Find the absolute minimum and maximum values of $f(\theta) = \cos \theta$

The Problem

Find the absolute minimum and maximum values of the following function on the given interval: $\ f(\theta) = \cos \theta; -\pi \leq \theta \leq {\pi \over 6}$

What I've Done So Far

1. Find the derivative of $\ f(\theta)$. This equals $\ -\sin \theta$.
2. Determine critical points. It won't ever be undefined, but I know there are points within the interior of the domain where the function is equal to zero.

So where I'm stuck is finding at what points $\ f(\theta)$ equals zero. Is it as simple as taking the inverse $\ \sin$ of $\ \theta$?

Thanks! Any help will be much appreciated!

Garren

• You could just check it from the graph of the cosine function – Luca Oct 28 '16 at 19:37
• True. But I would like to learn from the problem so that I can also find the answer algebraically. – Garren Miller Oct 28 '16 at 19:38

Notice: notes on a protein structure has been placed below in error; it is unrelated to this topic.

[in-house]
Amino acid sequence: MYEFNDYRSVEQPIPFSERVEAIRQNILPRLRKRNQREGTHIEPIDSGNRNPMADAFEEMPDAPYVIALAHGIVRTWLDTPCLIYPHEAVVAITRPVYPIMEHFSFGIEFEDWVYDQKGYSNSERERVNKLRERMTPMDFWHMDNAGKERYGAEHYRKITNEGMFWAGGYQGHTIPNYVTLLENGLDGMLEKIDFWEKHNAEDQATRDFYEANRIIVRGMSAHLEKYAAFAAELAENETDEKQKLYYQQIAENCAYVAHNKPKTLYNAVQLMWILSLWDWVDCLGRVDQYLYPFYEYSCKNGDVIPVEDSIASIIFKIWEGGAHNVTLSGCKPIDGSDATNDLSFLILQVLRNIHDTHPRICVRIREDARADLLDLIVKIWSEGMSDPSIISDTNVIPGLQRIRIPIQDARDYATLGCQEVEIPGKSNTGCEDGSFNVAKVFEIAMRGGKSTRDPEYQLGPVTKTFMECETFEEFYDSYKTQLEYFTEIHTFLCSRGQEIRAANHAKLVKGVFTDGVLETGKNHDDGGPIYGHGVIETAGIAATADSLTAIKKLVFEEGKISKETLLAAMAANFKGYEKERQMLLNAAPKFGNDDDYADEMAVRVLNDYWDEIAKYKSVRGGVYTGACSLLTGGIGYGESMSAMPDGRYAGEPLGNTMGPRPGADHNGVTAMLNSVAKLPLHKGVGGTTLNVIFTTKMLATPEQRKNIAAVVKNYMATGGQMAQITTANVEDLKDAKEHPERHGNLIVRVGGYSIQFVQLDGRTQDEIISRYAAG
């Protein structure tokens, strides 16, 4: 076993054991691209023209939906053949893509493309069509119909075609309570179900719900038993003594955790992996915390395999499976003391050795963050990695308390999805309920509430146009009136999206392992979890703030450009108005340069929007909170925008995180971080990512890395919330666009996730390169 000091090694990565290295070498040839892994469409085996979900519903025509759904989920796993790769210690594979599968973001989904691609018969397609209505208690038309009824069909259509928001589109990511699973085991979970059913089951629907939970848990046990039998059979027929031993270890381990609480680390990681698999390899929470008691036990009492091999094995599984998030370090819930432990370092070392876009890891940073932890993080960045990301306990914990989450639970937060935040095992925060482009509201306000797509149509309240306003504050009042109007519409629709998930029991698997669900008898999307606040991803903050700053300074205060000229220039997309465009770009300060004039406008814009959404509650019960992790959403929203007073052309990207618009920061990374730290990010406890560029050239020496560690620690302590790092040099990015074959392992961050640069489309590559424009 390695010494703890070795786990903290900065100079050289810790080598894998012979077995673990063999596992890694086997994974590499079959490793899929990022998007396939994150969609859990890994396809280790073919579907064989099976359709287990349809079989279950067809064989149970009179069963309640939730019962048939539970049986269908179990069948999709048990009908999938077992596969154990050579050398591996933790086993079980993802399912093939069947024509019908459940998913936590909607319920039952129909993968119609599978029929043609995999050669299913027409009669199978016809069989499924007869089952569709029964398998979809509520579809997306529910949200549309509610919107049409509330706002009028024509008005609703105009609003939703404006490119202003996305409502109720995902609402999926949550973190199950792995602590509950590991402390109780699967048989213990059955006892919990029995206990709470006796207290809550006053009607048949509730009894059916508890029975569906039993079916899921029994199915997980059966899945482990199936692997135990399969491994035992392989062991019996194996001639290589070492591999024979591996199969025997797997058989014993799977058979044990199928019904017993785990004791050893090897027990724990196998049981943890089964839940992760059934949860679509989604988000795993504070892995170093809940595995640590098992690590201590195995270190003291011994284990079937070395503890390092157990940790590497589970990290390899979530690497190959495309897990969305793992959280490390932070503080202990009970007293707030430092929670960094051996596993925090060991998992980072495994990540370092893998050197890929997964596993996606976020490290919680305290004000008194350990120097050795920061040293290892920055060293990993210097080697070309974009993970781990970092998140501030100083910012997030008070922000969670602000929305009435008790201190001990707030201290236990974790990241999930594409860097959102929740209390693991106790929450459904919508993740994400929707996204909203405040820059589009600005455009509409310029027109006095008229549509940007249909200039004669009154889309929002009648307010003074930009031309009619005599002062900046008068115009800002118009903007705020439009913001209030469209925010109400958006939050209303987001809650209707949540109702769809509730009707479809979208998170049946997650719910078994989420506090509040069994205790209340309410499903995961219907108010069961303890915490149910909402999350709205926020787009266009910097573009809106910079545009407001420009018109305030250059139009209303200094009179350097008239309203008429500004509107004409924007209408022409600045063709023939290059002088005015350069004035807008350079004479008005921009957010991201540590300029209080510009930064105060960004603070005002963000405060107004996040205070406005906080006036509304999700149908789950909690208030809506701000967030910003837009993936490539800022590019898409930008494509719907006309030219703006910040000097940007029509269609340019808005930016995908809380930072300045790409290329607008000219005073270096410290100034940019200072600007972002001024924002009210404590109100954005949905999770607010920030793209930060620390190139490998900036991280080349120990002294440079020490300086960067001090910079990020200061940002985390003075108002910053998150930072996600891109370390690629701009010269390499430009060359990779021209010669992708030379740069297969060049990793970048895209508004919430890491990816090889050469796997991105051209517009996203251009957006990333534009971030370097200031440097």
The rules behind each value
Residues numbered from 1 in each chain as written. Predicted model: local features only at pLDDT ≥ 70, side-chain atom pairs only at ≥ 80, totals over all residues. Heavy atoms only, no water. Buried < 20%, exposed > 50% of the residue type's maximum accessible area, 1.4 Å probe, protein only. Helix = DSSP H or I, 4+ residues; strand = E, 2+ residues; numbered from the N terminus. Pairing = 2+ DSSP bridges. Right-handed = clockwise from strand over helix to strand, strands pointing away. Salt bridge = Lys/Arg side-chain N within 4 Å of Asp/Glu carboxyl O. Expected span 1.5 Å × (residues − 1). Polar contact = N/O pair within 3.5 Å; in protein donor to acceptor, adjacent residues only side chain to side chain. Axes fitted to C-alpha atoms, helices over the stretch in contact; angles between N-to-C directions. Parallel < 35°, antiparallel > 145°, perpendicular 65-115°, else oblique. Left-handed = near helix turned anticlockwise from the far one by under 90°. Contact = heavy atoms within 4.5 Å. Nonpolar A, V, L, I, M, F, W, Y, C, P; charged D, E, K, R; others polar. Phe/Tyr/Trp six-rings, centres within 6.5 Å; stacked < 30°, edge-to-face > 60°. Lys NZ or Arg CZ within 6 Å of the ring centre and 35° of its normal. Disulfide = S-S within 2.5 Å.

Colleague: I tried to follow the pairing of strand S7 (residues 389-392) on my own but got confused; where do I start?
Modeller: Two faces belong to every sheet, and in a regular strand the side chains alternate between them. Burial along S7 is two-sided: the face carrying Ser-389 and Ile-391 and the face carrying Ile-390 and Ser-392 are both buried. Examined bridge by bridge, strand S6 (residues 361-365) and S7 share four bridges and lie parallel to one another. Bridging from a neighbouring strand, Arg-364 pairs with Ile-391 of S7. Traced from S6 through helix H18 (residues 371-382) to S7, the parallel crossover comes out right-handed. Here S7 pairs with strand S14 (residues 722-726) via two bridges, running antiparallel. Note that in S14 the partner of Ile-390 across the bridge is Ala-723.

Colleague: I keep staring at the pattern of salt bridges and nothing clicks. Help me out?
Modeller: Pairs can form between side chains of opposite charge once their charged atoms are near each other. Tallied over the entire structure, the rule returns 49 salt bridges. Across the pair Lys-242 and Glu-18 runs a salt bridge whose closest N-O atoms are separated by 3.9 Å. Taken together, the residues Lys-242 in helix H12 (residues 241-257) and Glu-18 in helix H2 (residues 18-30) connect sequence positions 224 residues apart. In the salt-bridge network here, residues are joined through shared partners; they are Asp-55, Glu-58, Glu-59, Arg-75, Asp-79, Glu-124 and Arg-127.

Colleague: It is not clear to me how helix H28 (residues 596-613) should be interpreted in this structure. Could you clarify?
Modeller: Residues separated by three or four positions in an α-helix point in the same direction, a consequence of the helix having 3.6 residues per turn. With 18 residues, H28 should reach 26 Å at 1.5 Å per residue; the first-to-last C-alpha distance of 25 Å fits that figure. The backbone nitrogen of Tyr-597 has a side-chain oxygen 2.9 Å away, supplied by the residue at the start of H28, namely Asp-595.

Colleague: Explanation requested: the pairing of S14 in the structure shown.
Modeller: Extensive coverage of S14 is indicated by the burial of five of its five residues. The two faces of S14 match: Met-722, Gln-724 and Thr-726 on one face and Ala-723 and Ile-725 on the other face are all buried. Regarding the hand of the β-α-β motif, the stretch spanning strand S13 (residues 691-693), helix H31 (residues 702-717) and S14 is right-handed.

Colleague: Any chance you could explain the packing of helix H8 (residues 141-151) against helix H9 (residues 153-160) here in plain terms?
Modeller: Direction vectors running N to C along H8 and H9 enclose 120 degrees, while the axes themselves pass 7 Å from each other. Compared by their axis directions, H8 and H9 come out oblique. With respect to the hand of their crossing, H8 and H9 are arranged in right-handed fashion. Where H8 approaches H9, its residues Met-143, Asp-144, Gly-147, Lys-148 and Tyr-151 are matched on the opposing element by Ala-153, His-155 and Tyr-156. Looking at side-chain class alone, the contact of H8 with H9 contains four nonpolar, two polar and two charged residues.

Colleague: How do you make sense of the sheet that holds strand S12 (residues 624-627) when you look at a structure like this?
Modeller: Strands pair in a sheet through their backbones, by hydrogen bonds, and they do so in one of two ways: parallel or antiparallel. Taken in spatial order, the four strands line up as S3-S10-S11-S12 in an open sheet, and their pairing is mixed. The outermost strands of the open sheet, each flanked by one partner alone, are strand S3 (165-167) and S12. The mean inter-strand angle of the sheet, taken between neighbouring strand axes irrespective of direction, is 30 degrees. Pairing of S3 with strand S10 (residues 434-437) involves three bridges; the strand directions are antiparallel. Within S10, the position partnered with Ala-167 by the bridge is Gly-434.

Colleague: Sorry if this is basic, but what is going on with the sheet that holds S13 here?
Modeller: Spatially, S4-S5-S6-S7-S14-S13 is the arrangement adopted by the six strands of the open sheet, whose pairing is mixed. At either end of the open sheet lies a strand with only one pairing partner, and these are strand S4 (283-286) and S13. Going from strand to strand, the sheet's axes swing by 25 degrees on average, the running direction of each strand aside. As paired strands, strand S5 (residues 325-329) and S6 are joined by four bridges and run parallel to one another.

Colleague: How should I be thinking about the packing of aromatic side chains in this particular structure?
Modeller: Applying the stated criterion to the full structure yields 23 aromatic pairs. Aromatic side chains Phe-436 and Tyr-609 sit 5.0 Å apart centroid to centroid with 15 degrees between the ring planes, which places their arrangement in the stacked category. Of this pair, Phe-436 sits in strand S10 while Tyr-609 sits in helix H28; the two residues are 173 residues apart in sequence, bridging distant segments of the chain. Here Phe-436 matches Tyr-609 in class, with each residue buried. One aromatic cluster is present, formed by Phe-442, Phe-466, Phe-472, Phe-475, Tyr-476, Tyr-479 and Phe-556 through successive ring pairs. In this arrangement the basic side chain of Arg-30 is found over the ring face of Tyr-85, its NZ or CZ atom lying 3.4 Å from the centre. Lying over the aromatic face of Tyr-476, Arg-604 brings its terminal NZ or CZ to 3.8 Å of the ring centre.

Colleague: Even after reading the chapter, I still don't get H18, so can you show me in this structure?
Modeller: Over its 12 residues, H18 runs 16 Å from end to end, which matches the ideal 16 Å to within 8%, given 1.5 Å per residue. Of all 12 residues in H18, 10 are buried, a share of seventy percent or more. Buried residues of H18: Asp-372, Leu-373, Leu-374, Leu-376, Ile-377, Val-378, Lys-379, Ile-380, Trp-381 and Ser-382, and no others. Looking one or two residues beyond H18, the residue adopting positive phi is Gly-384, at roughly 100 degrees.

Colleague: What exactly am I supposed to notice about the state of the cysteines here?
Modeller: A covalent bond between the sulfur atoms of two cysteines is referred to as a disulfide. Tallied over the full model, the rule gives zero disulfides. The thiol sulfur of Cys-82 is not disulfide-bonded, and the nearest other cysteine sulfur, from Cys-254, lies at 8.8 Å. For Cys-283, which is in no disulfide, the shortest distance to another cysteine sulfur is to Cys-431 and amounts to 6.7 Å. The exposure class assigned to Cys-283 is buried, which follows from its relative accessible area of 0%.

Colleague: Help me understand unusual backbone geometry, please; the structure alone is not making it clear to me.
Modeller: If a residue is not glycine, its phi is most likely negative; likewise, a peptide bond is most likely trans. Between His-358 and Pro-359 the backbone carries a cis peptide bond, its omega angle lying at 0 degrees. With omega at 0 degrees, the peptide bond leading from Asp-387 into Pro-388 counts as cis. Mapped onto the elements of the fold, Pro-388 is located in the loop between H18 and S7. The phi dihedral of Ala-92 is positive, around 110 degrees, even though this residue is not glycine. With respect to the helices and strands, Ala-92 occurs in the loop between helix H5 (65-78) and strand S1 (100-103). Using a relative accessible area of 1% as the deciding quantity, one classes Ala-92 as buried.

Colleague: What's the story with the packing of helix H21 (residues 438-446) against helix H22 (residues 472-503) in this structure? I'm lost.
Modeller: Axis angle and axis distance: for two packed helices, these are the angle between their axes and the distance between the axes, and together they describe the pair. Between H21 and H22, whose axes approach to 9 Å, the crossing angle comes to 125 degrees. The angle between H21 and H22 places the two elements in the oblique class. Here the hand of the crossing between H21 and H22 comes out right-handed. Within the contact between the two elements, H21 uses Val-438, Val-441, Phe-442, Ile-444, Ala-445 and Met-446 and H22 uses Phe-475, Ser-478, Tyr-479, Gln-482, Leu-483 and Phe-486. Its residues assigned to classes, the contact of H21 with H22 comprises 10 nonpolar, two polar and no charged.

If we have a function $f$ then at the maxima and minima of $f$, we have $f'=0$. $$f(\theta)=\cos(x)\implies f'(\theta)=-\sin(\theta)$$ We know that: $$-\sin(\theta)=0\implies \sin(\theta)=0\implies \theta=\pi k,k\in\Bbb{Z}$$ Since we have a domain $-\pi\leq\theta\leq\dfrac{\pi}{6}$, we have maxima or minima at $0\pi=0$ and $-1\pi=-\pi$. And: $$\cos(0)=1$$ $$\cos(-\pi)=-1$$ So we have a maximum at $(0,1)$ and a minimum at $(-\pi,-1)$. Since there are no other multiples of $\pi$ in the interval $-\pi\leq\theta\leq\dfrac{\pi}{6}$ and therefore no other solutions to $-\sin(\theta)=\theta$ in the interval, we are done.